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Title: Predictive characterization of aging and degradation of reactor materials in extreme environments. Final report, December 20, 2013 - September 20, 2017

Abstract

Understanding of reactor material behavior in extreme environments is vital not only to the development of new materials for the next generation nuclear reactors, but also to the extension of the operating lifetimes of the current fleet of nuclear reactors. To this end, this project conducted a suite of unique experimental techniques, augmented by a mesoscale computational framework, to understand and predict the long-term effects of irradiation, temperature, and stress on material microstructures and their macroscopic behavior. The experimental techniques and computational tools were demonstrated on two distinctive types of reactor materials, namely, Zr alloys and high-Cr martensitic steels. These materials are chosen as the test beds because they are the archetypes of high-performance reactor materials (cladding, wrappers, ducts, pressure vessel, piping, etc.). To fill the knowledge gaps, and to meet the technology needs, a suite of innovative in situ transmission electron microscopy (TEM) characterization techniques (heating, heavy ion irradiation, He implantation, quantitative small-scale mechanical testing, and various combinations thereof) were developed and used to elucidate and map the fundamental mechanisms of microstructure evolution in both Zr and Cr alloys for a wide range environmental boundary conditions in the thermal-mechanical-irradiation input space. Knowledge gained from the experimental observations of themore » active mechanisms and the role of local microstructural defects on the response of the material has been incorporated into a mathematically rigorous and comprehensive three-dimensional mesoscale framework capable of accounting for the compositional variation, microstructural evolution and localized deformation (radiation damage) to predict aging and degradation of key reactor materials operating in extreme environments. Predictions from this mesoscale framework were compared with the in situ TEM observations to validate the model.« less

Authors:
 [1]
  1. Northwestern Univ., Evanston, IL (United States)
Publication Date:
Research Org.:
Northwestern Univ., Evanston, IL (United States)
Sponsoring Org.:
USDOE Office of Nuclear Energy (NE)
OSTI Identifier:
1394063
Report Number(s):
DOE /NEUP-NE0000678
TRN: US1800049
DOE Contract Number:
NE0000678
Resource Type:
Technical Report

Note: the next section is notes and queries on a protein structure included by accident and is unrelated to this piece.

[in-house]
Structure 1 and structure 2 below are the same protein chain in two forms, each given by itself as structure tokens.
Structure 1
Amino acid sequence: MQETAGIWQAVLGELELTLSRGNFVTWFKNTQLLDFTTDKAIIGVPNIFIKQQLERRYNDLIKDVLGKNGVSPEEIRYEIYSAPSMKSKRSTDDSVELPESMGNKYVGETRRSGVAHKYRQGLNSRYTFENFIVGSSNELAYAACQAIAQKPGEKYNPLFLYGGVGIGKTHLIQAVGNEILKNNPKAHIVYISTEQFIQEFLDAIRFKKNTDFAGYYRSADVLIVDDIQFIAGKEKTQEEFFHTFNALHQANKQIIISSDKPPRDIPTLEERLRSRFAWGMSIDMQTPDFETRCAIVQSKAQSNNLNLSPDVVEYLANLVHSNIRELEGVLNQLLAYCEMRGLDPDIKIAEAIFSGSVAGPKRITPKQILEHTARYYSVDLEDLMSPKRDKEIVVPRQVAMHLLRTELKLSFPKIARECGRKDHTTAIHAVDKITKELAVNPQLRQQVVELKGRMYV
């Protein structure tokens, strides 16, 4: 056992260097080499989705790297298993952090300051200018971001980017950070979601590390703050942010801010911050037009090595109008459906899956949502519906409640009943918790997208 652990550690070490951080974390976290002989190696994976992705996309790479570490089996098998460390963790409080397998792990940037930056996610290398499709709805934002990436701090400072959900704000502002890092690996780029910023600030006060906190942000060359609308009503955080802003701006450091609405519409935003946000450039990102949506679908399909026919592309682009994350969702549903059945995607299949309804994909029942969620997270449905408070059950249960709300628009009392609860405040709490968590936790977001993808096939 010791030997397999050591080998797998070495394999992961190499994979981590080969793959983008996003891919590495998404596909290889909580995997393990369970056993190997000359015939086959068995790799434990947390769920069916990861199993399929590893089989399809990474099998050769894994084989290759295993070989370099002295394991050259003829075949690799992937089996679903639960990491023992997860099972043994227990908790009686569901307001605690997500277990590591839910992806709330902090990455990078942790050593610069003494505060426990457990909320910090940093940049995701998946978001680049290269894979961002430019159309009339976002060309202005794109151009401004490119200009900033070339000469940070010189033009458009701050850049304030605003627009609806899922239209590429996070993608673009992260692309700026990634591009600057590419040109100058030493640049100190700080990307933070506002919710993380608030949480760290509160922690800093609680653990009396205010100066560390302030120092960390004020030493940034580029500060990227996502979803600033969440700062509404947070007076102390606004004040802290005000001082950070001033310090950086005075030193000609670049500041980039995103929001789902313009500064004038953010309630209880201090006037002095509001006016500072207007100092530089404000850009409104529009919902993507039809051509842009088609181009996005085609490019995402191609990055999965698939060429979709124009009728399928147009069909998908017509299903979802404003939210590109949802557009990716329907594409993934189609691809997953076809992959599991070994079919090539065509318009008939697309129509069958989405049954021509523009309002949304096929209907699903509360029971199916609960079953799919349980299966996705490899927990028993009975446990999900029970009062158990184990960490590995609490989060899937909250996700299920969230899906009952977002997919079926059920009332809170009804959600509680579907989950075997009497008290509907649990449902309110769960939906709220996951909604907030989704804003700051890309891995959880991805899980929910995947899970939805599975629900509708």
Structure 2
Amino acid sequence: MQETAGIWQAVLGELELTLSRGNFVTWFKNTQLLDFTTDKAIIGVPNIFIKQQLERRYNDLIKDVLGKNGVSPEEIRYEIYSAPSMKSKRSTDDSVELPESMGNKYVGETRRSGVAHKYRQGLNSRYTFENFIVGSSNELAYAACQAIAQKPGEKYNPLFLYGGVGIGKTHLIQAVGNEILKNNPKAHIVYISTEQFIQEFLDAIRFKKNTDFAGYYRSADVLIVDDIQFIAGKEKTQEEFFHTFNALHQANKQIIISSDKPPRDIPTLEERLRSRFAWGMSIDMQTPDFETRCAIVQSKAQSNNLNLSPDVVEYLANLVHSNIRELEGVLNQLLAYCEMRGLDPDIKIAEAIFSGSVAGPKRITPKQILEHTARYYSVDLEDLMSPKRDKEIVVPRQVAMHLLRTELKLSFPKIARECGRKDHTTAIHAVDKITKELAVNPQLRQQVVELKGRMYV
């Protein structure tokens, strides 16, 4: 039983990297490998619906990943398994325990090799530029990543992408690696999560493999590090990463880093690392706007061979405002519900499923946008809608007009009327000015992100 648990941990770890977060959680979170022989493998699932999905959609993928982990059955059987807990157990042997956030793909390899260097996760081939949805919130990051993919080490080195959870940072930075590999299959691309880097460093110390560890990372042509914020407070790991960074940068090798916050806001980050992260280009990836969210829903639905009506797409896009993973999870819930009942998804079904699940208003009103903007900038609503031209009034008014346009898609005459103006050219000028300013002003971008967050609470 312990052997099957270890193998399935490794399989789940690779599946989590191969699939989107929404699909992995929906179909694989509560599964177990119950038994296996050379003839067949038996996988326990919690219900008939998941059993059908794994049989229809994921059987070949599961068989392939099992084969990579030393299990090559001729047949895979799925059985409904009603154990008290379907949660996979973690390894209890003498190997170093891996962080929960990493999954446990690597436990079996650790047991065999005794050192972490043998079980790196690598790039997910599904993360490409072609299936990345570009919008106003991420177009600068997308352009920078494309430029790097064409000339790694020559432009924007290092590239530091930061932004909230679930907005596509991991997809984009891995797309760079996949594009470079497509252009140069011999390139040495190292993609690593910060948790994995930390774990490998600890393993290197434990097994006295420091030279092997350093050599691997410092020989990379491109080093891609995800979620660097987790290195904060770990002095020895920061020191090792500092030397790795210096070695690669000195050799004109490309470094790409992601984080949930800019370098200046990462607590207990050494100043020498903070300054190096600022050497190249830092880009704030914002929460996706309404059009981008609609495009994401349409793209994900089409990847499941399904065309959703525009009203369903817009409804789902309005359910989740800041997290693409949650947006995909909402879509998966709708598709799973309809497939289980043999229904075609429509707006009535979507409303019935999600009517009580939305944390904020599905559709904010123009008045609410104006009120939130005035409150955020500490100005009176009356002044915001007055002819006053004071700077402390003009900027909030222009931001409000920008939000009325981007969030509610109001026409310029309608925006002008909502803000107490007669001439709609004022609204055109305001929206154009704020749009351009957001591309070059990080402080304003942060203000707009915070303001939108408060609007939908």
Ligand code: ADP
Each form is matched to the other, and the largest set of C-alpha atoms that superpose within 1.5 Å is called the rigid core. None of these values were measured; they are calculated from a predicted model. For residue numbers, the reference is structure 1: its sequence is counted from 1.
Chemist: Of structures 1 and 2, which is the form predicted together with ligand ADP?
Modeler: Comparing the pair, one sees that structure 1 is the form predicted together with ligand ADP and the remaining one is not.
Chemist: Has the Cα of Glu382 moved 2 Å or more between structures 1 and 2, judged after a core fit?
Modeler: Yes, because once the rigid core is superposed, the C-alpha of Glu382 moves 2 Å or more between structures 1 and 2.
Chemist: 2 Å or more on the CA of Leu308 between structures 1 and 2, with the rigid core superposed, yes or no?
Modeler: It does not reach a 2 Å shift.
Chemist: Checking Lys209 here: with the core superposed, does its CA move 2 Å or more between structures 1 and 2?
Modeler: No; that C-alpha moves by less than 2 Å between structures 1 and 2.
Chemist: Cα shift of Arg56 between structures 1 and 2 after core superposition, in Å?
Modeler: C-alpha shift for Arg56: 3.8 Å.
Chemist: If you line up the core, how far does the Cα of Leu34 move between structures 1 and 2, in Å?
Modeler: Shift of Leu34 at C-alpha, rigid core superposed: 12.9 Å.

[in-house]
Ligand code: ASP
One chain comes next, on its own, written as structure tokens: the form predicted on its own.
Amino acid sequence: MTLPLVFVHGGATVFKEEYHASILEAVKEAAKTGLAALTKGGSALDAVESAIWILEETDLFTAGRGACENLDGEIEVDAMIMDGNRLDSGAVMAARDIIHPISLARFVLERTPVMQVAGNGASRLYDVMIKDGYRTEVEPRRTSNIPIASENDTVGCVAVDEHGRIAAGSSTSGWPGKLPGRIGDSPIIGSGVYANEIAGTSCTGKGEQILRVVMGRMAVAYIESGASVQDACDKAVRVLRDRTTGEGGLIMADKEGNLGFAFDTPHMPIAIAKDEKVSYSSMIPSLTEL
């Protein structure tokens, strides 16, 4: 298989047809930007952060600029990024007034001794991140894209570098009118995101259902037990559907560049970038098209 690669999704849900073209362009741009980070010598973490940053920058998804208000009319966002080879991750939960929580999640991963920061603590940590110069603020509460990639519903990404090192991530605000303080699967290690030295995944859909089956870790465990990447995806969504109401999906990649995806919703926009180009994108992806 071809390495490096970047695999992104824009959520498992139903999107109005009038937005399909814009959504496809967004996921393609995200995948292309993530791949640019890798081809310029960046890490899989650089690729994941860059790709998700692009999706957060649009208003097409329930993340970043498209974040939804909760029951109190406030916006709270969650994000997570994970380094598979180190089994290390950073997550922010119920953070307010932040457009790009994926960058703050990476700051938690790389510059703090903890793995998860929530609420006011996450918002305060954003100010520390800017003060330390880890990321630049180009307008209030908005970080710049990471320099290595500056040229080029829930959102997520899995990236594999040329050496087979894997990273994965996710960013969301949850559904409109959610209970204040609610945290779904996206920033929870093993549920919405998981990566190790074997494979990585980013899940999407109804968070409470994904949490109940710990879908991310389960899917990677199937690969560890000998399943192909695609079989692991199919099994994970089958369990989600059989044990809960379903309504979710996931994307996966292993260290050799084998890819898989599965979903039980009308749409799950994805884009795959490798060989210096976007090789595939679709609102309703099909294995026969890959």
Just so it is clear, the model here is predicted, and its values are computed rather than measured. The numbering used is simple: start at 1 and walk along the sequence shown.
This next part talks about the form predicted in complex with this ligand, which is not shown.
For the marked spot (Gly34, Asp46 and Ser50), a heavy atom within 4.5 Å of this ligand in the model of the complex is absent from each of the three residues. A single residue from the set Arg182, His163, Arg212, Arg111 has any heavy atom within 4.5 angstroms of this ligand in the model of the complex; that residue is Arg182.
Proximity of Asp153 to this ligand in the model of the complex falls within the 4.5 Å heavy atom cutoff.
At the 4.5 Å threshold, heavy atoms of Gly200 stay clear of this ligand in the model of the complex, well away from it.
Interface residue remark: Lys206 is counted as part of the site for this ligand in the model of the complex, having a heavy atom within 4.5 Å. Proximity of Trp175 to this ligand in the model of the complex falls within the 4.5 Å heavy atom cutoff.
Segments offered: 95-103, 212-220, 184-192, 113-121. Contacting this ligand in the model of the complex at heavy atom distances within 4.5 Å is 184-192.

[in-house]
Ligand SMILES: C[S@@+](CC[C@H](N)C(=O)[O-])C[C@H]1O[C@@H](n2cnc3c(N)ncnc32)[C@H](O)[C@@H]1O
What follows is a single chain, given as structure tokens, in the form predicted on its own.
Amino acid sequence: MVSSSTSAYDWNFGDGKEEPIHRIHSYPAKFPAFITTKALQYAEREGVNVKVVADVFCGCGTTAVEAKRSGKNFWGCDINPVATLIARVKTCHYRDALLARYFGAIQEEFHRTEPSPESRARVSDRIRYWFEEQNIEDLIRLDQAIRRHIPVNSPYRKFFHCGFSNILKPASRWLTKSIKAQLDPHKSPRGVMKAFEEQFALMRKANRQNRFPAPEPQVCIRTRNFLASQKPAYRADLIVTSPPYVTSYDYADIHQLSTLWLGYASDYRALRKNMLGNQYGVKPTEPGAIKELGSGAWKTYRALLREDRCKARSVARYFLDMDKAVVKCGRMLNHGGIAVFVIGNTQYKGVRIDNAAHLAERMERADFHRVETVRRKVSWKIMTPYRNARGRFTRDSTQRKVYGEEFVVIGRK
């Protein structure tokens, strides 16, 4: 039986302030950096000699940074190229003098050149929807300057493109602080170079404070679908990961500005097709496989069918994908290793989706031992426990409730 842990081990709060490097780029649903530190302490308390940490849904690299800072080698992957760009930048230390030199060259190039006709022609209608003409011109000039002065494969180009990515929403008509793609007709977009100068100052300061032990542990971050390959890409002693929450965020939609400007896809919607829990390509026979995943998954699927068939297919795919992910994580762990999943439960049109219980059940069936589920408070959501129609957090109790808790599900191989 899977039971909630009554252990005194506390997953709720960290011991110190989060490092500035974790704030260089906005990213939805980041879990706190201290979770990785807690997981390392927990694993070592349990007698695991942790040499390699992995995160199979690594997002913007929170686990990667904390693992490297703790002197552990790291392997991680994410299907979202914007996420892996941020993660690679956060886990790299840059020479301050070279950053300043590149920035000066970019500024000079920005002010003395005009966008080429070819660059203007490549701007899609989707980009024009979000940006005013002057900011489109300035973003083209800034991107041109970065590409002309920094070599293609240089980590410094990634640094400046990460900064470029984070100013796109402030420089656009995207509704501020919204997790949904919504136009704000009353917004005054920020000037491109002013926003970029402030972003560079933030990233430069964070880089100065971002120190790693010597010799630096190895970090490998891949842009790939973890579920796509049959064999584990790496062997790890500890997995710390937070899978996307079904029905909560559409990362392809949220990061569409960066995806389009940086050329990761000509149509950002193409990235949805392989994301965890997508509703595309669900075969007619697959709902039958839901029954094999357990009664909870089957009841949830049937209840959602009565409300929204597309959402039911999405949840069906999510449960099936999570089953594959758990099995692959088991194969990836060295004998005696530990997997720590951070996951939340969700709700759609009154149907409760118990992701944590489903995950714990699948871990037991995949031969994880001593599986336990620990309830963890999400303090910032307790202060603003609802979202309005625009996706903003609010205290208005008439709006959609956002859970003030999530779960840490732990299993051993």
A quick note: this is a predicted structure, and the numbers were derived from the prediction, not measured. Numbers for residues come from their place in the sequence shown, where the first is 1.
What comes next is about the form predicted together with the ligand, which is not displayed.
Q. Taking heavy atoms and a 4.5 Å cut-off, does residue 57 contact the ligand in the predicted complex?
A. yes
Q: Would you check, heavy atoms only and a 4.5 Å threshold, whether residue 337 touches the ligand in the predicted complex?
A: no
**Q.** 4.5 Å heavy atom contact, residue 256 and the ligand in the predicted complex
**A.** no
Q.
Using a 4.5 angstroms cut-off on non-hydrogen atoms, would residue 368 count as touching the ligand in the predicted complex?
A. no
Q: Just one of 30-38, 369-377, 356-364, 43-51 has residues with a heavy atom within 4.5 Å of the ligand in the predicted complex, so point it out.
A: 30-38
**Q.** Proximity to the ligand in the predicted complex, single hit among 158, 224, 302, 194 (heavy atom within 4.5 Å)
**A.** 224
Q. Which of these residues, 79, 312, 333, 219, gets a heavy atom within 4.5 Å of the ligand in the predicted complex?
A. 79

Country of Publication:
United States
Language:
English
Subject:
11 NUCLEAR FUEL CYCLE AND FUEL MATERIALS; MARTENSITIC STEELS; REACTOR MATERIALS; IRRADIATION; REACTORS; RADIATION EFFECTS

Citation Formats

Qu, Jianmin. Predictive characterization of aging and degradation of reactor materials in extreme environments. Final report, December 20, 2013 - September 20, 2017. United States: N. p., 2017. Web. doi:10.2172/1394063.
Qu, Jianmin. Predictive characterization of aging and degradation of reactor materials in extreme environments. Final report, December 20, 2013 - September 20, 2017. United States. doi:10.2172/1394063.
Qu, Jianmin. Wed . "Predictive characterization of aging and degradation of reactor materials in extreme environments. Final report, December 20, 2013 - September 20, 2017". United States. doi:10.2172/1394063. https://www.osti.gov/servlets/purl/1394063.
@article{osti_1394063,
title = {Predictive characterization of aging and degradation of reactor materials in extreme environments. Final report, December 20, 2013 - September 20, 2017},
author = {Qu, Jianmin},
abstractNote = {Understanding of reactor material behavior in extreme environments is vital not only to the development of new materials for the next generation nuclear reactors, but also to the extension of the operating lifetimes of the current fleet of nuclear reactors. To this end, this project conducted a suite of unique experimental techniques, augmented by a mesoscale computational framework, to understand and predict the long-term effects of irradiation, temperature, and stress on material microstructures and their macroscopic behavior. The experimental techniques and computational tools were demonstrated on two distinctive types of reactor materials, namely, Zr alloys and high-Cr martensitic steels. These materials are chosen as the test beds because they are the archetypes of high-performance reactor materials (cladding, wrappers, ducts, pressure vessel, piping, etc.). To fill the knowledge gaps, and to meet the technology needs, a suite of innovative in situ transmission electron microscopy (TEM) characterization techniques (heating, heavy ion irradiation, He implantation, quantitative small-scale mechanical testing, and various combinations thereof) were developed and used to elucidate and map the fundamental mechanisms of microstructure evolution in both Zr and Cr alloys for a wide range environmental boundary conditions in the thermal-mechanical-irradiation input space. Knowledge gained from the experimental observations of the active mechanisms and the role of local microstructural defects on the response of the material has been incorporated into a mathematically rigorous and comprehensive three-dimensional mesoscale framework capable of accounting for the compositional variation, microstructural evolution and localized deformation (radiation damage) to predict aging and degradation of key reactor materials operating in extreme environments. Predictions from this mesoscale framework were compared with the in situ TEM observations to validate the model.},
doi = {10.2172/1394063},
journal = {},
number = ,
volume = ,
place = {United States},
year = {Wed Sep 20 00:00:00 EDT 2017},
month = {Wed Sep 20 00:00:00 EDT 2017}
}

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